At every meeting there must be a Central Issue.

Should it happen that there were none, be it because of somebody's negligence or because of stupidity of the Organizers, then within the first ten minutes a Participant would stand up and say

Let us define the Central Issue first

and everybody would agree.

Usually, however, the Central Issue is carefully planned in advance, even though, as a rule, not all Participants take part in the planning. Some are intentionally kept in the dark and later become targets of derision.

At some meetings the Central Issue is well known in advance but may not be mentioned. These are the

Meetings About Something Else

like in 'At 3:30 pm I expect all of you in the Conference Room for a critical review of the Amazon Black Maggot Copulation Behaviour. Don't be late. The Boss'.

It turns out that every important meeting is actually a Meeting About Something Else (grant money cuts, fight between bosses, salary cuts, staff cuts, ... or any combination thereof).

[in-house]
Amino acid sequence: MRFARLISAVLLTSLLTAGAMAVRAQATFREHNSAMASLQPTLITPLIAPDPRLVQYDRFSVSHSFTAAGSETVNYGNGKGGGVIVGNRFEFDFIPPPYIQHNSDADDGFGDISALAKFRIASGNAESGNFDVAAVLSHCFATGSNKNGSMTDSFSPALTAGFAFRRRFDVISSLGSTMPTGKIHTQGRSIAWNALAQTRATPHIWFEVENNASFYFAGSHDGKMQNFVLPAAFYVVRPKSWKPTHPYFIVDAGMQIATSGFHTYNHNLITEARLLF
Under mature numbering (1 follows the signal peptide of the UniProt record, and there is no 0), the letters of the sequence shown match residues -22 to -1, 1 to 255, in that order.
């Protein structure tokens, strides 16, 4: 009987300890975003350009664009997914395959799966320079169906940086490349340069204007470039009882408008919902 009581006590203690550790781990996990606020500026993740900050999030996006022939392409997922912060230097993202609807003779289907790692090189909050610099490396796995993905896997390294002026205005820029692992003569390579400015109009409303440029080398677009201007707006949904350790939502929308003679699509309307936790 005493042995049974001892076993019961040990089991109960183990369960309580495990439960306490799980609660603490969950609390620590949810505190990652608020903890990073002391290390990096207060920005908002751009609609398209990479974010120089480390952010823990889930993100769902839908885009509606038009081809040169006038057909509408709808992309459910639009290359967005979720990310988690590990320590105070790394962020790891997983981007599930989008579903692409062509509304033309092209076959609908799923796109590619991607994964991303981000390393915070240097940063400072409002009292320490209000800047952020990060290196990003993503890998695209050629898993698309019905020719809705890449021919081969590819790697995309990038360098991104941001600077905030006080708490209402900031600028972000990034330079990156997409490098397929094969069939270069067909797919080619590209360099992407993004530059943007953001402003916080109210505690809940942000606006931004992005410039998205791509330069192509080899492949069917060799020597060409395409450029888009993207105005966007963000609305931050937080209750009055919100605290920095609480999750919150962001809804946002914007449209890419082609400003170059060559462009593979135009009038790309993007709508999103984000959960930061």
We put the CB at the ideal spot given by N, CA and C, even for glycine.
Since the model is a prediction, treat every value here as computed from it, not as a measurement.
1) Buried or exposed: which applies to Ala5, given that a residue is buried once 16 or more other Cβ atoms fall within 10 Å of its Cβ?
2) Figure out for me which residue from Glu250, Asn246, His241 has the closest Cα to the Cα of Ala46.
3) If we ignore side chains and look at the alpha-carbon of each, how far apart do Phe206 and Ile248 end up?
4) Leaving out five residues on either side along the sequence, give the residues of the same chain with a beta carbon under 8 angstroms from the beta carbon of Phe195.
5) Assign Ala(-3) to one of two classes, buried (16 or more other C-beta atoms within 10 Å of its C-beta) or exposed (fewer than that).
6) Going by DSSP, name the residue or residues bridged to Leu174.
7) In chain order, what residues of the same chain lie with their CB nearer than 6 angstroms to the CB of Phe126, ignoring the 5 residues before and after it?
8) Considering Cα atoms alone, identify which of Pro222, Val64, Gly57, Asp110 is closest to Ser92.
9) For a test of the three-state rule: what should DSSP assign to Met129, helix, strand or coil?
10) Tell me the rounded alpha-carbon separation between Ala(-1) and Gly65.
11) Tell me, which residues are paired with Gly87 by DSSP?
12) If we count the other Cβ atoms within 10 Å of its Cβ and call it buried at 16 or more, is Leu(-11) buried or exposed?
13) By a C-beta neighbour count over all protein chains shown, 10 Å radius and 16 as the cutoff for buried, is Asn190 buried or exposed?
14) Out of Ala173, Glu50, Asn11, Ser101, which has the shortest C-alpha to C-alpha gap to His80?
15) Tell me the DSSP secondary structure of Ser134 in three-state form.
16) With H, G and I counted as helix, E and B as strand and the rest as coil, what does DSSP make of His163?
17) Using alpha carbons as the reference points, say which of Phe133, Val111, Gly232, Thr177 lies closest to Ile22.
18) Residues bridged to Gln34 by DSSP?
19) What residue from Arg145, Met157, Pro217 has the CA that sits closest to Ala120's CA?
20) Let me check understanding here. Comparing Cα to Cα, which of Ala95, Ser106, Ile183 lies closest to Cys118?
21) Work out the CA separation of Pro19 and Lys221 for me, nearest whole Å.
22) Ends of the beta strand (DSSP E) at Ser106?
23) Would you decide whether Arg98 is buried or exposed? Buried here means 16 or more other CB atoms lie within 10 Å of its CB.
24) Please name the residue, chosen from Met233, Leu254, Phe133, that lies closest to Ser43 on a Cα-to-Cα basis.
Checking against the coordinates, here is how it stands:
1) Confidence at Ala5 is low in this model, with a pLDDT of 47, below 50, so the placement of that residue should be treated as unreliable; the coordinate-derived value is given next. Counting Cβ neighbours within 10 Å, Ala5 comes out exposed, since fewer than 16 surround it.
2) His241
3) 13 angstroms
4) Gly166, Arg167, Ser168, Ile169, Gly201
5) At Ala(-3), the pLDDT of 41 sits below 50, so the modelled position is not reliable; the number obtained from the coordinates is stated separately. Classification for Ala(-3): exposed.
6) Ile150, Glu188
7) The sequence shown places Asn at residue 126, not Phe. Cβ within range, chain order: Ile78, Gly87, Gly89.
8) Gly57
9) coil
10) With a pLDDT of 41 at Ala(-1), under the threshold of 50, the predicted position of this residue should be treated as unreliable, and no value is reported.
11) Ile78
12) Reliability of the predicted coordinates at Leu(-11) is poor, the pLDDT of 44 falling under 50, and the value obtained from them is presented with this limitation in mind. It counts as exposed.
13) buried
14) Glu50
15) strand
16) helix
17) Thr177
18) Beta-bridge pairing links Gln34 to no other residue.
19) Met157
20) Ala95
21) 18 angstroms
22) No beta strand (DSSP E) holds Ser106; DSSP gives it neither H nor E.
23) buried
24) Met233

Occasionally, there are two Central Issues. In this case, there is only one solution: they have to fight and one of them must die (since the fighting usually takes a long time, don't forget your lunch/dinner bag).

Before the fight, each Participant should mentally run through the following check-points:


  • Am I aware of Issue A ?
  • Am I aware of Issue B ?
  • Am I aware of the fact that the Real Issue is a different one (C) ?


  • Do I support Issue A ?
  • Do I support Issue B ?
  • Do I support the Real Issue C ?
  • Do I support an altogether different Issue (D, E, ...) ?

Each box can be either checked or unchecked regardless of the others.
That makes for up to 128 distinct types of Participants.

Not bad for a very plain meeting!

This reflection was written aboard a train, returning back home from a meeting on Contrast Agents for MRI Angiography which was a typical Meeting About Something Else.

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Copyright ©2005 Stanislav Sykora    DOI: 10.3247/elcl08.008 Designed by Stan Sýkora